Should You Back Up Your Data Even if It’s Stored in the Cloud?
Do you have a false sense of security that your cloud data is safe and sound? You wouldn’t be alone. Many businesses think that if they use a platform like Salesforce or Microsoft 365 that it doubles as a data backup.
But cloud storage and cloud backup are two very different things. When you’re syncing with a cloud platform like OneDrive, files are “live,” meaning they can be edited or deleted.
Cloud backup, on the other hand, takes a snapshot of all your files and securely stores them by backup date. This allows you to restore files as they were on a specific moment in time.
51% of companies have reported they’ve lost data in the cloud in 2019.
Data loss can mean thousands of dollars in losses and lost productivity trying to recreate data that you didn’t save. In the case of cloud data, companies can feel even more of an impact these days because most have migrated a majority of their data to the cloud.
It’s vital that you don’t leave cloud data out of your company’s backup and recovery strategy, or you cloud be left with a major loss that could impact your business for years to come.
Why It’s Critical to Back Up Your Cloud Platform Data
Cloud Providers Recommend You Back Up Data
Cloud providers aren’t impervious to outages or server crashes, which means you could be without your data if they’re having a problem. Even large cloud application providers recommend that users back up data that is stored in their platforms.
For example, the Microsoft Services Agreement states, “In the event of an outage, you may not be able to retrieve Your Content or Data that you’ve stored. We recommend that you regularly backup Your Content and Data that you store on the Services or store using Third-Party Apps and Services.”
Ransomware Can Attack Cloud Data
Ransomware is one of the costliest forms of malware for businesses because it can bring operations to a standstill, and if a company doesn’t have an easily retrievable copy of all their data, one phishing attack can cost them dearly.
And this isn’t only an on-premises problem. Ransomware often attacks cloud networks, either through direct injection or through a syncing computer that is infected.
The costs of ransomware are high, and just about double when a company has to pay the ransom:
- Average cost in 2019 when ransom was not paid: $732,520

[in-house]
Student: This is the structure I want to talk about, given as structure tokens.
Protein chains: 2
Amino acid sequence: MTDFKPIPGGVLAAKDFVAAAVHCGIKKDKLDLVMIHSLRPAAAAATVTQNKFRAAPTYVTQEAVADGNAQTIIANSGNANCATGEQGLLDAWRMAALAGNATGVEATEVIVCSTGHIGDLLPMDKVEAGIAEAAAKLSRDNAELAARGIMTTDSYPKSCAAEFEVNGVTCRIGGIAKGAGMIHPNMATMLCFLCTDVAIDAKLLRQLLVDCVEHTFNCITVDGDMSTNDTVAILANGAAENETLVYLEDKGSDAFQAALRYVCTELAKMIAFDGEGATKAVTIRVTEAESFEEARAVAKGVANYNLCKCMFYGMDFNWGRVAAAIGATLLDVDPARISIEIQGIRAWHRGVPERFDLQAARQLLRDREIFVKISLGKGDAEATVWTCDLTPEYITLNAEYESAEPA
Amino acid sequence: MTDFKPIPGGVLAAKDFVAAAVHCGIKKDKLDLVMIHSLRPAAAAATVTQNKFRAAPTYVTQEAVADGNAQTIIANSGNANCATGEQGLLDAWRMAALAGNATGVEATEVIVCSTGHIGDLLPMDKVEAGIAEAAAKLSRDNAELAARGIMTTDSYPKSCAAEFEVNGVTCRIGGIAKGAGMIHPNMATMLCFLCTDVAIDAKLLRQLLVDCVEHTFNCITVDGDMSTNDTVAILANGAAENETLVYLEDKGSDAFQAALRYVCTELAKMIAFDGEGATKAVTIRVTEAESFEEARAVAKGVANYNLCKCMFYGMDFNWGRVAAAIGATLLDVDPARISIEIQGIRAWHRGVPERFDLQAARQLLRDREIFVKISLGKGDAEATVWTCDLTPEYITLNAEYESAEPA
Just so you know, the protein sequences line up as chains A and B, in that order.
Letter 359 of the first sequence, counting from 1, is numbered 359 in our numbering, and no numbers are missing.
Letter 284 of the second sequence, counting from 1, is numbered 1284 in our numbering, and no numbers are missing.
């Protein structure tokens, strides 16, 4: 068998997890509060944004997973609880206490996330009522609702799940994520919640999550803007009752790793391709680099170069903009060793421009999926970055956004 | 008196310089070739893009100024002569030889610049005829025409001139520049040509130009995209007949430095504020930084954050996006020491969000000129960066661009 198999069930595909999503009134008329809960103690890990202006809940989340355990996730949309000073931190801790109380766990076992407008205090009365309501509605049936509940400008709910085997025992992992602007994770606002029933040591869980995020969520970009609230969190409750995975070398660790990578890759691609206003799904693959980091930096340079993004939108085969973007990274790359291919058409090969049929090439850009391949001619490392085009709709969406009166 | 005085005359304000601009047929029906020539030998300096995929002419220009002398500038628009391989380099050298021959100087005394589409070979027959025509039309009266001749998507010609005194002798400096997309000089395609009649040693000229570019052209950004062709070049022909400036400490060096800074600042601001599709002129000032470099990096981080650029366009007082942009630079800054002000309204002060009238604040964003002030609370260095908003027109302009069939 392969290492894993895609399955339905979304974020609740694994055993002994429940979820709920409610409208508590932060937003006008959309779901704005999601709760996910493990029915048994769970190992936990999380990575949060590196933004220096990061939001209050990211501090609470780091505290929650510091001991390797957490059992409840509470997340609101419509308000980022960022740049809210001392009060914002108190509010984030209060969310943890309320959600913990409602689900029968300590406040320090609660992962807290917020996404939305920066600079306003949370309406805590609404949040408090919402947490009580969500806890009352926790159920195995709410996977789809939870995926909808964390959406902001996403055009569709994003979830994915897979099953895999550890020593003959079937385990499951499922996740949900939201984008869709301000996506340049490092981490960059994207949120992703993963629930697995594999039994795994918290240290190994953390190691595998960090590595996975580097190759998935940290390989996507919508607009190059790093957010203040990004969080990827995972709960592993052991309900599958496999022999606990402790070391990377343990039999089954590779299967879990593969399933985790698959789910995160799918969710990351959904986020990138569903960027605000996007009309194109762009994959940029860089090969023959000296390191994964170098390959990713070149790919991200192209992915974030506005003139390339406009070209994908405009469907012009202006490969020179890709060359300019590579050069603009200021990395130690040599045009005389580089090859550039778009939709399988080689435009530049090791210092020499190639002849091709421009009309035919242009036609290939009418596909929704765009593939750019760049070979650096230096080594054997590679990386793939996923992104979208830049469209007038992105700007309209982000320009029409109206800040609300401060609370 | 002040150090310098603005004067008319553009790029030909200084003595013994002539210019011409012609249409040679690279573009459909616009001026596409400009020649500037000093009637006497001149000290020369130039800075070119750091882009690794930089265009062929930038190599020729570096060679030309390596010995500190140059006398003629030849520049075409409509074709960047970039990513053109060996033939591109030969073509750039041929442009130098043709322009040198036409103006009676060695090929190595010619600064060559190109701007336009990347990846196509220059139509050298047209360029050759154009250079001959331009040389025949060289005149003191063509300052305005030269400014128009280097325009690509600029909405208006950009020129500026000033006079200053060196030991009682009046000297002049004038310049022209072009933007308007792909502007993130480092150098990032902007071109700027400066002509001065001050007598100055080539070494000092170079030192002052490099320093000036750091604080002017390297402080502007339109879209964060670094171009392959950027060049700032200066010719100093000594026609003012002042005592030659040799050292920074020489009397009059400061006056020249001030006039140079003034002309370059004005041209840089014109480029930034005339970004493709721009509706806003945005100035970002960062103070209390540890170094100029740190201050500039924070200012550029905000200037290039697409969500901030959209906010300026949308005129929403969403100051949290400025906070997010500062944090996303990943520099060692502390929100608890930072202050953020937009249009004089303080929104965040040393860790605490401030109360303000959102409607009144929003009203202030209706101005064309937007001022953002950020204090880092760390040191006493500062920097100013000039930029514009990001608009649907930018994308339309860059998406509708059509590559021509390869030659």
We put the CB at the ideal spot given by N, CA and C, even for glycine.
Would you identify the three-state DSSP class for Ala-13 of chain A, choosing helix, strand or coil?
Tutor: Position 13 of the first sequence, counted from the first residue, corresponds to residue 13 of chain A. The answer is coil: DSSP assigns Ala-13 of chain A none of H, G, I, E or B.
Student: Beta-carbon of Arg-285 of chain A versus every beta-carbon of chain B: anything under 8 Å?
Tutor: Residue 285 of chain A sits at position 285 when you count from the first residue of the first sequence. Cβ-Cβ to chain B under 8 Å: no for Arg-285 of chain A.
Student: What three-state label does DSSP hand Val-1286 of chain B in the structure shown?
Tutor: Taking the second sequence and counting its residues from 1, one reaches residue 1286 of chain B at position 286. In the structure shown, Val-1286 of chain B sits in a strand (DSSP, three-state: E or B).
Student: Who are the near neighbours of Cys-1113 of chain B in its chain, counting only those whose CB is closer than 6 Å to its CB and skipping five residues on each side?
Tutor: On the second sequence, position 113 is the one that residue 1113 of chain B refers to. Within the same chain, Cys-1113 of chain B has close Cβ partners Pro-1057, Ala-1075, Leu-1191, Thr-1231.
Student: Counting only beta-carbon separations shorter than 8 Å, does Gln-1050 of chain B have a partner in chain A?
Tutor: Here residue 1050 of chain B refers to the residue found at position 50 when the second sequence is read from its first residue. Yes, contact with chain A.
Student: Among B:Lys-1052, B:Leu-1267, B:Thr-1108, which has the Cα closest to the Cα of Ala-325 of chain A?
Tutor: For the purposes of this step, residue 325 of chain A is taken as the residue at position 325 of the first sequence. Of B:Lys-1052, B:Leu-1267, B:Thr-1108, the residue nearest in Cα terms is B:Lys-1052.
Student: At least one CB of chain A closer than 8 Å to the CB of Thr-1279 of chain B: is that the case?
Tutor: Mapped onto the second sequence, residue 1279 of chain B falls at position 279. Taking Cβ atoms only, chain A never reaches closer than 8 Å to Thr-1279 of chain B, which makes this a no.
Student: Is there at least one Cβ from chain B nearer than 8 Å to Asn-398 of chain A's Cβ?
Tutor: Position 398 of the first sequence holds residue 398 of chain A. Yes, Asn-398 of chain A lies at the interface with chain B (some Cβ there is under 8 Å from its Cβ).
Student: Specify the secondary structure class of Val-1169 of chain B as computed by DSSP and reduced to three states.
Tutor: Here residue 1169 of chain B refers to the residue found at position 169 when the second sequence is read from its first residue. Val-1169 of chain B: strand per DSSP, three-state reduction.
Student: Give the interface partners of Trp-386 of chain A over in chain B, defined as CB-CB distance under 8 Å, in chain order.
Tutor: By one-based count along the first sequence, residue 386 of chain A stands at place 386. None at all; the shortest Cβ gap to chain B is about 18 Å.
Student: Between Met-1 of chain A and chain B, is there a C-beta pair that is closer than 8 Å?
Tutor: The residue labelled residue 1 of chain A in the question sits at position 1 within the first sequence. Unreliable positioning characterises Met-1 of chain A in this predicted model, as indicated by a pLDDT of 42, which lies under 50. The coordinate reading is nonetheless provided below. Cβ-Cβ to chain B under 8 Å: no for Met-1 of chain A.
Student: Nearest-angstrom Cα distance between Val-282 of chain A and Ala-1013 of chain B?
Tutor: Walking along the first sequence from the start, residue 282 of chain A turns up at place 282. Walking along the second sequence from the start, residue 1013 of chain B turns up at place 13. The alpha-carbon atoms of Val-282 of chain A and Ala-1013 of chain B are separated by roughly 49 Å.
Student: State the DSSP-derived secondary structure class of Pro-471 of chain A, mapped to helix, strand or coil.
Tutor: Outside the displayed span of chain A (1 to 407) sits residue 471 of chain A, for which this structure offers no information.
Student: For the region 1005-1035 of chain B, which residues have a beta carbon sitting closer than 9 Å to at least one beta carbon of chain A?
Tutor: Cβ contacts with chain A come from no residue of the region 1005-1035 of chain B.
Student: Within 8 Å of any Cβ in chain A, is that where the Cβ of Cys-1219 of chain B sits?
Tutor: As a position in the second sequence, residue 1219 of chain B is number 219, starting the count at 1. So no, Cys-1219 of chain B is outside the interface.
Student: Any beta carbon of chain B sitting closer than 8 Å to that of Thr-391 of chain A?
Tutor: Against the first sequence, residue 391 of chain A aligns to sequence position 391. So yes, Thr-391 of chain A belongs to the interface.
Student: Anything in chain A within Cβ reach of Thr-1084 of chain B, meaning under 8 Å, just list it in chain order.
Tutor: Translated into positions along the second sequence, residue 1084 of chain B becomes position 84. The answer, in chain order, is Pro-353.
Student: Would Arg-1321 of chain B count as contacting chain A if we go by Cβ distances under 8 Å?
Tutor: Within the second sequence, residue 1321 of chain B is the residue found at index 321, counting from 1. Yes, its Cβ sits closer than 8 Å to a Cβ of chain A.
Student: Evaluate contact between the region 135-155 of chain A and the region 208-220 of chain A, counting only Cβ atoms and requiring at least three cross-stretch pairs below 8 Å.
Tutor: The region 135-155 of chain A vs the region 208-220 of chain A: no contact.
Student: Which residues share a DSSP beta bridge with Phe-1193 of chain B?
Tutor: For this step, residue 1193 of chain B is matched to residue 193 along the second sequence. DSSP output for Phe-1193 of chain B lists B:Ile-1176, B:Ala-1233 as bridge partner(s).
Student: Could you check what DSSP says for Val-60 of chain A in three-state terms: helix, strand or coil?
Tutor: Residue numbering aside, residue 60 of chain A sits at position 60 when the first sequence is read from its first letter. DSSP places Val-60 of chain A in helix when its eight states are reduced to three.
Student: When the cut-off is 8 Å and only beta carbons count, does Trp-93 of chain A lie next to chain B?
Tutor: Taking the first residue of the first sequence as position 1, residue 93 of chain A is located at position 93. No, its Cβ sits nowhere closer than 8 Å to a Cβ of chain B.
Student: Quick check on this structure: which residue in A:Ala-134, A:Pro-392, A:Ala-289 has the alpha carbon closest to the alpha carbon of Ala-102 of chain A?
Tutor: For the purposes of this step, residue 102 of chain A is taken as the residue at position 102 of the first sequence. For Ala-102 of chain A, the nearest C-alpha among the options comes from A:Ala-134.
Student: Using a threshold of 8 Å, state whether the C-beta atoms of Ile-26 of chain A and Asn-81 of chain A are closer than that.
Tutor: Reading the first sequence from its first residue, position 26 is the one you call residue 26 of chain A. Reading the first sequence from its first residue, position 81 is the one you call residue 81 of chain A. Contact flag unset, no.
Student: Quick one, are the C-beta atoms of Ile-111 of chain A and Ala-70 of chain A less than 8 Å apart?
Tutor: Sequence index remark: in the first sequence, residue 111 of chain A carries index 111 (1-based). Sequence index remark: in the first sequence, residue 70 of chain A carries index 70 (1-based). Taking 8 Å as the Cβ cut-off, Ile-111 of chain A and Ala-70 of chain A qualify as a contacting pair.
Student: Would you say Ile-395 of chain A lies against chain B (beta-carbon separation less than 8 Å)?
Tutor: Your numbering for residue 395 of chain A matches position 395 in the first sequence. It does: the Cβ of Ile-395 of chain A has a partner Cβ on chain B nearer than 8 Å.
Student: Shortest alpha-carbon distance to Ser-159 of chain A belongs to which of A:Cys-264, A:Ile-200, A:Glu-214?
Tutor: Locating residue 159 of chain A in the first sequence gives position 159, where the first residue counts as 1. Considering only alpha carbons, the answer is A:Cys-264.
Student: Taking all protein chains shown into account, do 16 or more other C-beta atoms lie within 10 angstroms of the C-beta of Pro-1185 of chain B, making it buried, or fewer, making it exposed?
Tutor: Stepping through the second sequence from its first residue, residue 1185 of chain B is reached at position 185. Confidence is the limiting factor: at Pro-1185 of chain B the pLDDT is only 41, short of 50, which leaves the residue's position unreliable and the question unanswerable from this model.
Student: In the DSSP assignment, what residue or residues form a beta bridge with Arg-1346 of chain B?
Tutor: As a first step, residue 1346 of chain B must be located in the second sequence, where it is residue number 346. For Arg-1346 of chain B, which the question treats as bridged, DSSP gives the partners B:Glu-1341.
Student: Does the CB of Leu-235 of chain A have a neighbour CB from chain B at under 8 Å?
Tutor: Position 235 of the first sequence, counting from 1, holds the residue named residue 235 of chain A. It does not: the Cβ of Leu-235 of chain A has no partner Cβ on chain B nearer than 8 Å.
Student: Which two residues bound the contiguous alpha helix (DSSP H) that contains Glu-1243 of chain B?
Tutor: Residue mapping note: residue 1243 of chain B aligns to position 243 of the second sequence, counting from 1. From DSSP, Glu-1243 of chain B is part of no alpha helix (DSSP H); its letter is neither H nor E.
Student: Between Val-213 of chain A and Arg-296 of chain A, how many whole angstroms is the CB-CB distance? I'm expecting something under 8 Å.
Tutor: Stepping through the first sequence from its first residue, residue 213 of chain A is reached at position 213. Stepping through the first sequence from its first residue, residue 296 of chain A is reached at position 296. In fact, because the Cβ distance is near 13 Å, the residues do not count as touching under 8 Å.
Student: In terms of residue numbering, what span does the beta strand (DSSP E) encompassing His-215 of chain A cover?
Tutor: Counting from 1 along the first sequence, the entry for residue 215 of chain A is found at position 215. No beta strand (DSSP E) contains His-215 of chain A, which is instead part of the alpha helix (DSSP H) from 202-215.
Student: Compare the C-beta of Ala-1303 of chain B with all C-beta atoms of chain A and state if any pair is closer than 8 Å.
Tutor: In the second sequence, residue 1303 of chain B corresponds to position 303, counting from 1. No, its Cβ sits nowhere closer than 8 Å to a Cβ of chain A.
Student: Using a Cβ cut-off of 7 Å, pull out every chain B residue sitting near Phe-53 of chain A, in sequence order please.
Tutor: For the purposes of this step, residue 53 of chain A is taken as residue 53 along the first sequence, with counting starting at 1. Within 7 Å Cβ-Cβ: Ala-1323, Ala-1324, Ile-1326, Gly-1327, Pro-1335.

- Average cost in 2019 when ransom was paid: $1,448,458
If you don’t have a separate copy of your cloud data to restore, you may have no choice but to pay or lose everything.
Cloud Data Breaches are a Big Concern
Credential theft has been on the rise as hackers go after where data is now being stored, which is largely in cloud accounts.
70% of companies have suffered a public cloud data breach within the past 12 months, which illustrates just how vulnerable cloud files can be if they’re not properly secured or backed up.
One breached employee login with the right privileges can allow a hacker to delete all your files and empty the recycle bin after they do. If you don’t have a way to restore those files from a backup, you could be left with a negative impact for months or years later.
Your Files May Be Deleted Due to Retention Policies
Cloud platforms can have multiple retention policies that can be confusing for users to understand. For example, in Microsoft 365, there are different retention policies for things like deleted emails, deleted accounts, and OneDrive and SharePoint files.
If you don’t understand those retention dates, you could end up with a problem with files lost for good. Such as in the case of a deleted user that doesn’t have file ownership immediately transferred. Those files could be purged from the system as soon as 30 days later.
Users Make Mistakes
If a user accidentally overwrites or deletes an important file in your cloud storage account, you could end up losing the original file for good if it’s not been backed up in a separate backup and recovery system.
User errors inevitably happen, and this could lead to major data loss due to one wrong click on a folder containing hundreds of files.
Because those cloud storage files are “live,” they’re susceptible to editing or being removed. You eliminate the threat of user error-caused data loss by ensuring all files are backed up safely.
Need Help With Cloud Platform Backup Solutions?
Don’t leave your Central Florida business unprotected! C Solutions offers several backup solutions for both on-premises and cloud platform data.
Schedule a free consultation today! Call 407-536-8381 or reach us online.